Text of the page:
Thus, the combination of absorbing members 20, 22, and 24 are configured to cushion cartridge 60 and absorb energy from a shock event (e.g., from dropping cartridge case 10 containing cartridge 60) on all sides of cartridge 60 (e.g., the opposing major surfaces-62 and the four minor side surfaces 64).

In other examples, the absorbing members may vary in shape or configuration from that shown. For example, absorbing members 24c shown in FIG. 3C, generally similar to absorbing members 24 without end portions 26, may be disposed around minor inner surfaces 12s of bottom portion 12 to provide support to minor surfaces 62 of cartridge 60.

Additionally or alternatively, in another example, absorbing members 24d shown in FIG. 3D may be disposed at the corners of bottom portion 12 to support the minor surfaces 62 of cartridge 60. Alternatively or additionally, absorbing members (e.g., 24, 24c, and/or 24d) may be disposed with top portion 14 and disposed for supporting side surfaces 62 of cartridge 60.

In this example absorbing members 20 and 22 are substantially rectangular shaped (see, e.g., FIG. 3A for a more detailed view); however, other shapes or configurations are possible and contemplated. For example, multiple absorbing members may be disposed with each of inner surfaces 13 and 15 for opposing major surfaces 64 of cartridge 60. Further, in other examples absorbing members 20 and 22 may have difference shapes, e.g., circular, oval, and so on.

Absorbing members used with cartridge case 10, e.g., absorbing members 20, 22, and 24 may include various absorbing materials such as closed or open cell foam (e.g., manufactured by Santoprene), rubber, overmolded features (e.g., as detailed with respect to FIG. 5 below), spring members, leaf springs, living springs (e.g., as detailed with respect to FIG. 4 below), or other suitable materials for absorbing shock and protecting a cartridge. In one example, the absorbing members 20, 22, and 24 include foam having a thickness of between 0.1 and 1.0 inches, and having a density between 1.7 and 2.2 lbs/ft3. Of course, other thicknesses and densities are possible and contemplated.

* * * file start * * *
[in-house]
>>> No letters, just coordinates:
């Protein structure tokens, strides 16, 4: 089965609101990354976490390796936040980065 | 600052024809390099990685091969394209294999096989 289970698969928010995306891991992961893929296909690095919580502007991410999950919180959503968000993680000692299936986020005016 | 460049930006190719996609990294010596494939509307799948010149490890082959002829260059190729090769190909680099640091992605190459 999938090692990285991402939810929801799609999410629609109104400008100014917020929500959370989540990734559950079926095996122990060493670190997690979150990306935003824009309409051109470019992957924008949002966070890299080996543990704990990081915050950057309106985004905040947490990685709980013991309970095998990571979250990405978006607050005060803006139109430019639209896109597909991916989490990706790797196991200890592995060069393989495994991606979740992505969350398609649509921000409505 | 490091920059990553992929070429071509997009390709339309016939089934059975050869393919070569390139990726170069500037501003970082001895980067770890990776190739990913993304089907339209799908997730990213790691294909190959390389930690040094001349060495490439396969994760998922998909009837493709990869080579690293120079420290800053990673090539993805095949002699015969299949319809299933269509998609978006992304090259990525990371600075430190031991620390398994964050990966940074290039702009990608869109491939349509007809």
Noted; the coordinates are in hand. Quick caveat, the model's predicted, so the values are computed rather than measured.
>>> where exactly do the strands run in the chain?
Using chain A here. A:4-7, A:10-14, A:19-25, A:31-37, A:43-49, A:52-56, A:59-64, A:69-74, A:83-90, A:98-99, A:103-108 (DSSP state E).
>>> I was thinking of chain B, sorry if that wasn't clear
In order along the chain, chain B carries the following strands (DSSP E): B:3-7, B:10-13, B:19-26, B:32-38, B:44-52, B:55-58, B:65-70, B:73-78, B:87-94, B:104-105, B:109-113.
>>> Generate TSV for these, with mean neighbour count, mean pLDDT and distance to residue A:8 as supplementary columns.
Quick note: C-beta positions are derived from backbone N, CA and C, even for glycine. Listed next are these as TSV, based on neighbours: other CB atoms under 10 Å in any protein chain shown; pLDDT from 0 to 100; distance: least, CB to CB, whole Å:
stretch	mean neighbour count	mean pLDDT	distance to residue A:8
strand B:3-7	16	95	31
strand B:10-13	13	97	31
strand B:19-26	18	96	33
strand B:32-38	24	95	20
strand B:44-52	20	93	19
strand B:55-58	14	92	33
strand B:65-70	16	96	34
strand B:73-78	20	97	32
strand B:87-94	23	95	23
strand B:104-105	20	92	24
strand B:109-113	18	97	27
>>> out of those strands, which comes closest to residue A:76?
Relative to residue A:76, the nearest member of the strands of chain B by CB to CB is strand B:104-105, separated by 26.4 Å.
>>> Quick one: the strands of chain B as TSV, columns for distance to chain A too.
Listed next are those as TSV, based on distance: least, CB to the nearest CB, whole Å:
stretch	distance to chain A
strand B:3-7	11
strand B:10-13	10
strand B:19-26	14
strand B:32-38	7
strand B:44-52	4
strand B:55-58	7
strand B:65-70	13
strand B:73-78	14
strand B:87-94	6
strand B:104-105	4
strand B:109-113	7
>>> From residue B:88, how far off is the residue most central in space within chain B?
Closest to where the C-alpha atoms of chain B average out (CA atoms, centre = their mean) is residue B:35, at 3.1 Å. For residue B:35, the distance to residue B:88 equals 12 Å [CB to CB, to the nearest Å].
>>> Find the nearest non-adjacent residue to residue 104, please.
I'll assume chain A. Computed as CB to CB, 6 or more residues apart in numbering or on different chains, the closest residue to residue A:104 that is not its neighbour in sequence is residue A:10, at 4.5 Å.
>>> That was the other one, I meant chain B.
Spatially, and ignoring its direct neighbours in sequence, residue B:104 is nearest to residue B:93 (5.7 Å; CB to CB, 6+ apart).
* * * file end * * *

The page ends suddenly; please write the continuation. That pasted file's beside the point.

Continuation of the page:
Further, the material, thickness, and spring constant of absorbing members 20 and 22 may vary from that of absorbing members 24. For example, because of the varying surface area of the surfaces of a cartridge and the desired protection along particular directions, the thickness, density, spring constant value, shape, etc. of absorbing members 24 may vary from that of absorbing members 20 and 22.

In one example, bottom portion 12, top portion 14, flexible portion 31, and latch member 40 are integrally formed of any suitable material such as polypropylene (with an impact modifier), polycarbonate, or the like, through well-known injection molding processes. Additionally, various other features such as column 18 (or living springs described below with respect to FIG. 4) may be comolded therewith. In other examples, however, various portions may be made by other processes or made separately and coupled together.

Further, the bottom portion 12 and top portion 14 may include features, e.g., ridges or tabs for engaging absorbing members in a snap fit, friction fit or otherwise. Additionally, absorbing members 20 and 22 may be affixed to inner surfaces 13 and 15 via an adhesive. In one example, bottom portion includes features 18, e.g., columns or pins, for mating with absorbing member 24 to aid in securing absorbing members 24 in place, particularly when a cartridge 60 is not present.

FIG. 4 illustrates another exemplary protective cartridge case 410 having absorbing members disposed therein. Protective cartridge case 410 is similar to that of protective cartridge case 10, however, in this instance multiple living springs 420a-420e are disposed with bottom portion 412 adjacent portions of cartridge 60 disposed therein.

In this example, living springs 420a-420e are disposed adjacent corners and minor side surfaces 62 of cartridge 60 disposed therein. Although not shown for each corner of cartridge 60, two living springs are positioned with bottom portion 410 at each corner of cartridge 60. Additionally or alternatively, living springs may be positioned with top portion 414 in a similar or complimentary fashion as living springs 420a-d shown with bottom portion 412.